Big surprise on Big Brother
Like Winston Smith in George Orwell's classic novel
Nineteen Eighty-Four, I hate Big Brother. Although I am talking about a TV show rather than the gloomy totalitarian society depicted in the book.
It's great that many people like the TV show for its entertainment value, but I have an idea on how it could also be used to provide some much needed education about people with disabilities. It could be done in a subtle way that does not lecture and beat people over the head to make them feel sorry or guilty for a person with a disability. But rather, that makes obvious what is involved in the daily life of someone living with a disability.
The similarity between the TV show and the book begins and ends with the concept that Big Brother can see everything you do and punish you accordingly. The TV show sticks a bunch of different people, or contestants, into a house for a few months without allowing any connection to the real world. Generally, there is boredom and frayed tempers, rather than camaraderie. The producers are fond of bringing out surprises each year. I don't watch the show. Well okay, I watched the first hour or so this year.
Imagine if a person with a disability was put into the Big Brother house. By this I mean someone with a significant physical disability who needs extensive support. That support being help and accommodation so they can be there as a contestant just like everyone else.
I am not suggesting this person might be a nicer person or more likely to win. The person with a disability chosen would most likely be as irreverent and as much an extrovert as other contestants usually are. It wouldn't surprise me to know that people with disabilities have applied to take part in the show.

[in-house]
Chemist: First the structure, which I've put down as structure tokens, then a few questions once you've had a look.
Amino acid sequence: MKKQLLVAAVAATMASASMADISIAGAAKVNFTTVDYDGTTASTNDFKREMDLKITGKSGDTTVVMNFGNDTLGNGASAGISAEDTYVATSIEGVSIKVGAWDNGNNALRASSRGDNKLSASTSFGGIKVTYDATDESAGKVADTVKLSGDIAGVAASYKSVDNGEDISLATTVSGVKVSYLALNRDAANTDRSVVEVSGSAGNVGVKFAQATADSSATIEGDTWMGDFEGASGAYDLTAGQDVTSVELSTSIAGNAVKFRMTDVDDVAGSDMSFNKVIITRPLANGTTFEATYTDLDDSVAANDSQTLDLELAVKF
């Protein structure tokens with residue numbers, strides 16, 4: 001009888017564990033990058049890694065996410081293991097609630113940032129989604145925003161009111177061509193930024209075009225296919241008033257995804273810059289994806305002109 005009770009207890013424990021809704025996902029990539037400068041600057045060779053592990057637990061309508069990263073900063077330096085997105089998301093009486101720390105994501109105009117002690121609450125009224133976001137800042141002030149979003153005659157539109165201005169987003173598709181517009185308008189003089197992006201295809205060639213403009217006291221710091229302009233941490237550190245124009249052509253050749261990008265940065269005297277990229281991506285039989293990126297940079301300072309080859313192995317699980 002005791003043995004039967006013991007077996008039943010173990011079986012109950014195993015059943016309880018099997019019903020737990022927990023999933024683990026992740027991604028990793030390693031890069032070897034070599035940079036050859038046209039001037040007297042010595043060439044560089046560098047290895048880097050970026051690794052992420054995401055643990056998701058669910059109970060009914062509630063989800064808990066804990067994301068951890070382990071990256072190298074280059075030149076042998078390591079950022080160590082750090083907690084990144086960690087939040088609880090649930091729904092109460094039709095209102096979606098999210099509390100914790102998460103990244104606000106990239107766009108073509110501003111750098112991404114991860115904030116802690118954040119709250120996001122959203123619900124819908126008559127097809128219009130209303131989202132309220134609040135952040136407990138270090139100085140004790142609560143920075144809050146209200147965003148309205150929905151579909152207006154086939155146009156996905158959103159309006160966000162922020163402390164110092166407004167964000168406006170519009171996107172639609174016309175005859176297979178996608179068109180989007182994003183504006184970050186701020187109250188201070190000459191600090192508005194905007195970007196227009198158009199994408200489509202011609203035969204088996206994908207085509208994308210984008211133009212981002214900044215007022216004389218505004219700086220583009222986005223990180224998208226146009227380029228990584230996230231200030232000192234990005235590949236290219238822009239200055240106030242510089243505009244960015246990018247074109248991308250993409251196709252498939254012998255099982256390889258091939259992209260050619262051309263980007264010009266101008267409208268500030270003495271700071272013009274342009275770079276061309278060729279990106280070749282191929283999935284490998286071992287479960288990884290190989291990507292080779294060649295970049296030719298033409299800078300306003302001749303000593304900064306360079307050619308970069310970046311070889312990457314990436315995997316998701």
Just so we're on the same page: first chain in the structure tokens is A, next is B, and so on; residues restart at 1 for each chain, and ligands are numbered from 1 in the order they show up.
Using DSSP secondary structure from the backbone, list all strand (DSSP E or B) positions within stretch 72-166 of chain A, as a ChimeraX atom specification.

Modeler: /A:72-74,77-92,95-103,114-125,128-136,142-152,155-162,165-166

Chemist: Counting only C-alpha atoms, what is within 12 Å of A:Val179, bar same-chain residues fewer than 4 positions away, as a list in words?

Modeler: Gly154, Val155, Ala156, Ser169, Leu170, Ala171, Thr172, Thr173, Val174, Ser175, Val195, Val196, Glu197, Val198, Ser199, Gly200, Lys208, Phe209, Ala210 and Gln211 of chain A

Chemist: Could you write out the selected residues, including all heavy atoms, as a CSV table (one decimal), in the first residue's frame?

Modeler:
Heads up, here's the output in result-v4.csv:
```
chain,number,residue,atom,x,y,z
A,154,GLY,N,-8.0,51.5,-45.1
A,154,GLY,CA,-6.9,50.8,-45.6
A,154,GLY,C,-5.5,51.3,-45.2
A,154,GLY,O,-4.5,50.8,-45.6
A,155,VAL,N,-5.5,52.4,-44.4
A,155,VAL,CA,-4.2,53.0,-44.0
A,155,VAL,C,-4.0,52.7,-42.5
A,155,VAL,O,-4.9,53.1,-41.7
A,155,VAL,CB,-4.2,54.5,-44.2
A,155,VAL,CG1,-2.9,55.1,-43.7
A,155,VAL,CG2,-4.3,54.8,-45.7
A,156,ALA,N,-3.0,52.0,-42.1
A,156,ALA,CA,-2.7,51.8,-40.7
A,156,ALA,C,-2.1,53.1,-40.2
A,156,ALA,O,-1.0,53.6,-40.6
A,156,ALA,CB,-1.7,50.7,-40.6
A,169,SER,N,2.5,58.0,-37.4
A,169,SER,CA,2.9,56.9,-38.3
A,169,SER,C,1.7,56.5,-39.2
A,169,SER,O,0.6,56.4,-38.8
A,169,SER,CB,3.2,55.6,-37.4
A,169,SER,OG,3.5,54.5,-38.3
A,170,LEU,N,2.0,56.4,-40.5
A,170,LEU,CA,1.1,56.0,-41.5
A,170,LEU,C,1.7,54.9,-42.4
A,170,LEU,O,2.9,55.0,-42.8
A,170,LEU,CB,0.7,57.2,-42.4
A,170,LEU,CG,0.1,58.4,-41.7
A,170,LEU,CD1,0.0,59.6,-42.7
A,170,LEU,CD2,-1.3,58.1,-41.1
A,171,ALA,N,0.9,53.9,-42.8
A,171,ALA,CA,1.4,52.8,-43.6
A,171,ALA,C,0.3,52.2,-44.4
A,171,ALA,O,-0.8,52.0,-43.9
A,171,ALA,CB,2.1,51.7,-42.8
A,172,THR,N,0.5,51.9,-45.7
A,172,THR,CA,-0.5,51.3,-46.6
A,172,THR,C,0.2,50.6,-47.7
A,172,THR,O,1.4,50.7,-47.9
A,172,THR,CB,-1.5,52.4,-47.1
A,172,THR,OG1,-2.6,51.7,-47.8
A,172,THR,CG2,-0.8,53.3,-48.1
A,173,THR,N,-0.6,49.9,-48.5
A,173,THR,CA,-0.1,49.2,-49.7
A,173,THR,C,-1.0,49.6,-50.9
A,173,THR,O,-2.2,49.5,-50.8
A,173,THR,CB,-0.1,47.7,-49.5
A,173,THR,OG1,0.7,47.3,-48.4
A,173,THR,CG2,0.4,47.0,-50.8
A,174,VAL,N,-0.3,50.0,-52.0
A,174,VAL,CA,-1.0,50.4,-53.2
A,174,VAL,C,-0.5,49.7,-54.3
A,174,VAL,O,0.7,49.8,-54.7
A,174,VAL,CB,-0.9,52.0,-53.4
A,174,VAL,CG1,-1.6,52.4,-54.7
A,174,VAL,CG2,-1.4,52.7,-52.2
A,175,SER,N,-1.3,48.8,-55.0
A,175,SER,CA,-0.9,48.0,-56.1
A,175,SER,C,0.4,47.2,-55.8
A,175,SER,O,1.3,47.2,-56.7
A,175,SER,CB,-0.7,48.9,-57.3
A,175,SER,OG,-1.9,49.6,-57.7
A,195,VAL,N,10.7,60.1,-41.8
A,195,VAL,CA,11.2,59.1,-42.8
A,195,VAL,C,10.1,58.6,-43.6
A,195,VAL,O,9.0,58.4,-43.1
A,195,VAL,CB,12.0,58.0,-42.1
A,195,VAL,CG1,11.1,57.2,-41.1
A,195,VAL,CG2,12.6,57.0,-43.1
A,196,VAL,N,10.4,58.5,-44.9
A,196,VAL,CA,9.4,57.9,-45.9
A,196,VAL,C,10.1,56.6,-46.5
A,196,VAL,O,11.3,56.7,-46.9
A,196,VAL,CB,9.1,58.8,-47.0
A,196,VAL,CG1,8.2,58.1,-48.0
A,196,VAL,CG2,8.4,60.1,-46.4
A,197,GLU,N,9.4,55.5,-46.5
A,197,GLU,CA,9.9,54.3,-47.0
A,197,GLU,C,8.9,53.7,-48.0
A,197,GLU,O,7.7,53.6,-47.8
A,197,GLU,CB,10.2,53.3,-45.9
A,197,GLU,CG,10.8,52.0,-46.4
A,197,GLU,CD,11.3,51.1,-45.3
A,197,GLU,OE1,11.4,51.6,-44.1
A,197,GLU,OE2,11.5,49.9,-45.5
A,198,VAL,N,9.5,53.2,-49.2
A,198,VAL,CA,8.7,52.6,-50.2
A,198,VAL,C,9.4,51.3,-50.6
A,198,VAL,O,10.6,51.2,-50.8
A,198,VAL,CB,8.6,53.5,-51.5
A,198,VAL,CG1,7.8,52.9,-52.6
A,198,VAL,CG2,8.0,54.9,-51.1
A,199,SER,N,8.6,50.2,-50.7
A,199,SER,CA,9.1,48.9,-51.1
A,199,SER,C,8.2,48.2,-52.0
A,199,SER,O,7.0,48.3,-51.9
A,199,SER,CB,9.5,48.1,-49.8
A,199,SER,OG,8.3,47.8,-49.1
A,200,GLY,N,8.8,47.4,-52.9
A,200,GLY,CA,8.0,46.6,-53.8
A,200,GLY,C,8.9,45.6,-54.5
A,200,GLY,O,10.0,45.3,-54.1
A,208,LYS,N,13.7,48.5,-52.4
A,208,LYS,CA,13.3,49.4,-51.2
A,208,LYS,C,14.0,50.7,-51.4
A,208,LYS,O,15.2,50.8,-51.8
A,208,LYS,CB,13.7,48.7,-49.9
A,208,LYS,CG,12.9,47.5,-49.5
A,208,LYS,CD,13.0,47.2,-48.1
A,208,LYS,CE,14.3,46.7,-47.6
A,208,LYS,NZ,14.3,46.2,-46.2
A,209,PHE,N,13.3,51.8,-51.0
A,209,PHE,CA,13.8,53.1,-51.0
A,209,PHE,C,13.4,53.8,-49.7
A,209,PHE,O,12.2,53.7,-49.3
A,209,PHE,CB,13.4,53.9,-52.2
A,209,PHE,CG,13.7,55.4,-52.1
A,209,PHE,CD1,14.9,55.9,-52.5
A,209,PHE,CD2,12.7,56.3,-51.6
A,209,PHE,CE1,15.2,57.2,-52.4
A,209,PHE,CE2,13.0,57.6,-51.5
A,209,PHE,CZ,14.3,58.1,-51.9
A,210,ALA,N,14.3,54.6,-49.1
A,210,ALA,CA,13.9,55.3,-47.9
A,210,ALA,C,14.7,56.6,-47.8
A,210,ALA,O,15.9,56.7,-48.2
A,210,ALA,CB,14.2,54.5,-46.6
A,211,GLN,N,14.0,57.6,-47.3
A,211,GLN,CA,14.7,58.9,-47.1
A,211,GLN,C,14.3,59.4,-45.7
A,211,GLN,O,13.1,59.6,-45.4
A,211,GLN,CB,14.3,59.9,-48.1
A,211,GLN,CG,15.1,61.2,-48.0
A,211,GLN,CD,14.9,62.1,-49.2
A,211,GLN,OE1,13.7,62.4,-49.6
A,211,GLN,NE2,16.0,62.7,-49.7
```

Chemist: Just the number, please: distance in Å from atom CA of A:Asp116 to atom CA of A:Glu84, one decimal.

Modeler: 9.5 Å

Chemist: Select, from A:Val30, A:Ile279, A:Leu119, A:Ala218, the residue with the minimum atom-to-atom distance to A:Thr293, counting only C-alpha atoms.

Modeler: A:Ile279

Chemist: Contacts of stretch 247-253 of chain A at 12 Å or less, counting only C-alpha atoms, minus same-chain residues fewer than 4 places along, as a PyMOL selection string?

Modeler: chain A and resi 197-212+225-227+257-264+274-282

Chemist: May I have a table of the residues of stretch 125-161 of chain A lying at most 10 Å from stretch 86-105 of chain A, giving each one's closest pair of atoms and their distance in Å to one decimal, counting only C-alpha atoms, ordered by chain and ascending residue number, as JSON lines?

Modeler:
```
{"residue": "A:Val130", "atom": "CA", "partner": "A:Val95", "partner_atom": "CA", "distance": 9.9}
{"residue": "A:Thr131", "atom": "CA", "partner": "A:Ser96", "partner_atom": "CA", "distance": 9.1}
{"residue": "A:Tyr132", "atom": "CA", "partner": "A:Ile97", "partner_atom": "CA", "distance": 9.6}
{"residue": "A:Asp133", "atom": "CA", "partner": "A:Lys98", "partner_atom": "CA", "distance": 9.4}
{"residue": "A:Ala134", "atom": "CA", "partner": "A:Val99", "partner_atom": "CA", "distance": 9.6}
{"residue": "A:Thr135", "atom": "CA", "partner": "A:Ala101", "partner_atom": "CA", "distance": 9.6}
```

It would be a great opportunity to give the show some educational purpose. Viewers could learn and gain a much better understanding about disability. This format would be an addition to the show's debatable entertainment value. It would show that people with disabilities can be given equal chances even in opportunities such as these. It would also demonstrate the
social inclusion we often talk about, which requires real effort.
Showing contestant's experiences
By broadly showing the daily functions of the person with the disability, the viewer could witness the:
- excessive time and hard work it takes for a person to prepare for the day
- requirement for a carer to assist in a range of activities
- adapted or different facilities needed to accommodate a person with a disability
- thought needed and extra assistance to include the contestant in competitive activities
- procedures needed to go to bed and the extra rest and sleep often required, in sharp contrast to the regular misbehaviour of the contestants that becomes big news for the show's viewers.
Reaching an audience
The focus on a person with a disability for the show's audience, which includes all kinds of people, would be terrific.
The show does predominantly target a younger audience. It is this audience demographic that would most benefit from exposure to a person with a disability. Young viewers would get much better insight than they receive from any brief encounters in the community, undergraduate textbooks, brief lessons in social studies, and educational stints spent in a wheelchair for an hour or a day.
Channel 9, Channel Ten, or whoever, consider this idea patented. Nonetheless, I won't be holding my breath.